Now after they had left, an angel of the Lord appeared to Joseph in a dream and said, “Get up, take the child and his mother, and flee to Egypt, and remain there until I tell you; for Herod is about to search for the child, to destroy him.”
Then Joseph got up, took the child and his mother by night, and went to Egypt, and remained there until the death of Herod. This was to fulfil what had been spoken by the Lord through the prophet, “Out of Egypt I have called my son.”
When Herod saw that he had been tricked by the wise men, he was infuriated, and he sent and killed all the children in and around Bethlehem who were two years old or under, according to the time that he had learned from the wise men. Then was fulfilled what had been spoken through the prophet Jeremiah:
“A voice was heard in Ramah,
wailing and loud lamentation.
Rachel weeping for her children;
she refused to be consoled,
because they are no more.”
What a terrible story follows the birth of Jesus. From joy and wonder, angels and wise men we move to persecution and murder. Who would want to think of that when the Christmas tree is still green, the presents are still a novelty, and we still bask in the warm glow of good times with family and friends?
Perhaps that is why the Feast of Holy Innocents, which we celebrate today, is so completely different from what we would expect. Celebrated in many countries around the world, today is not a day of tears and mourning, but of fun and laughter. In many households today children will rule the roost. They will choose the food and drink, the music and the entertainment. In Spain and Hispanic countries like Mexico the day is much like April Fools Day and children will play tricks on their parents and other adults. It is miles away from the horror the Feast Day commemorates: the massacre of the young children of Bethlehem. But that shouldn’t surprise us. When something is too hard to face, sometimes the only way to deal with it is to turn it on its head.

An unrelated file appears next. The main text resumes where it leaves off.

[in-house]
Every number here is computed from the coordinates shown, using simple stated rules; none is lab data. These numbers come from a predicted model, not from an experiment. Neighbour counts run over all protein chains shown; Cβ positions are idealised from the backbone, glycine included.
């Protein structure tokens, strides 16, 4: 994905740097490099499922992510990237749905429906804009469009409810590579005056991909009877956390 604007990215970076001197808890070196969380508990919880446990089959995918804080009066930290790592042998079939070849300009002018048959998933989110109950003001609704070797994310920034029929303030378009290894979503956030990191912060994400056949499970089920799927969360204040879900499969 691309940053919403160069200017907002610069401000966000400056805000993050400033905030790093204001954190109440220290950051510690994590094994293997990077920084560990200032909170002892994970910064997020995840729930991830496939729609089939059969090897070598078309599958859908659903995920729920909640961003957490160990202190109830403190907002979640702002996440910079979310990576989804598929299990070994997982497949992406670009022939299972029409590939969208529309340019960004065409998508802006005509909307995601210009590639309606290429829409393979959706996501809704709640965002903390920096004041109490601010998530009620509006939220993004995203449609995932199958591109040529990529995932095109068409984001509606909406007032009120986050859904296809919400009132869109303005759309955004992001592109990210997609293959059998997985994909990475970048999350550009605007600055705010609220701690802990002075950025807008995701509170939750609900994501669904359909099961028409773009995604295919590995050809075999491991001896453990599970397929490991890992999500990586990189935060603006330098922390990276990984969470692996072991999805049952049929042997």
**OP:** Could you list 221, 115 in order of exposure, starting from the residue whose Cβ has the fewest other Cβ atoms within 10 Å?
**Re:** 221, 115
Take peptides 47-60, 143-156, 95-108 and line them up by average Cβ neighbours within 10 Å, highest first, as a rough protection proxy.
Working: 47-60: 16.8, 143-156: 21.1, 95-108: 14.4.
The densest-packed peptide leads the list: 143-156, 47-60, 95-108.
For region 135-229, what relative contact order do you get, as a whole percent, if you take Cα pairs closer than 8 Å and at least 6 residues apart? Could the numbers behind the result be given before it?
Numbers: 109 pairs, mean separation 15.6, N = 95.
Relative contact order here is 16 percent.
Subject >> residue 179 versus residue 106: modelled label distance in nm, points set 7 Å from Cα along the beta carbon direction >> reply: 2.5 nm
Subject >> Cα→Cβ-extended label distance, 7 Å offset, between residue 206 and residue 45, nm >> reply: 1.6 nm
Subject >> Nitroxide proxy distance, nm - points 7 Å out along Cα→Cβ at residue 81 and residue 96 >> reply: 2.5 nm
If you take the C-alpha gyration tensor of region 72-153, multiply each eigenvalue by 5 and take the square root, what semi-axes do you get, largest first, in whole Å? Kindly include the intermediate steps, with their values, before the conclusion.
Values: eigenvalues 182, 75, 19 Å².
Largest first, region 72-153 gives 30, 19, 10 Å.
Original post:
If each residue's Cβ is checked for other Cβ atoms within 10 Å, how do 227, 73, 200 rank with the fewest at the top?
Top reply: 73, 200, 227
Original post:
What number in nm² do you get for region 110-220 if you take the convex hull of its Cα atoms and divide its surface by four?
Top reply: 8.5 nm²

Yet the massacre of the children of Bethlehem is part of the Christmas story too. At Christmas we celebrate God Emmanuel, God with us, entering into our reality, into all of it. But we also welcome the God whose reign will put an end to all pain and suffering. So today take a moment to think of the children whose lives are marked by violence and fear, the children who experience hunger and pain, the children who crave love but only encounter abuse. On this day of Holy Innocents may God comfort them in their suffering and may we do whatever we can to make their lives better. “This year, this year, let the day arrive, when Christmas comes for everyone, everyone alive!”*
*(From ‘Star-Child, earth-Child’, a Christmas carol by Shirley Murray. Published in ‘Carol our Christmas, a book of New Zealand carols, The New Zealand Hymnbook Trust Inc, 1996)
bless all children who are suffering today.
Turn their tears to laughter,
and their fear to hope.
Be their helper in times of trouble
and surround them with your everlasting love.
Francis Brienen is the Deputy General Secretary (Mission) of the URC.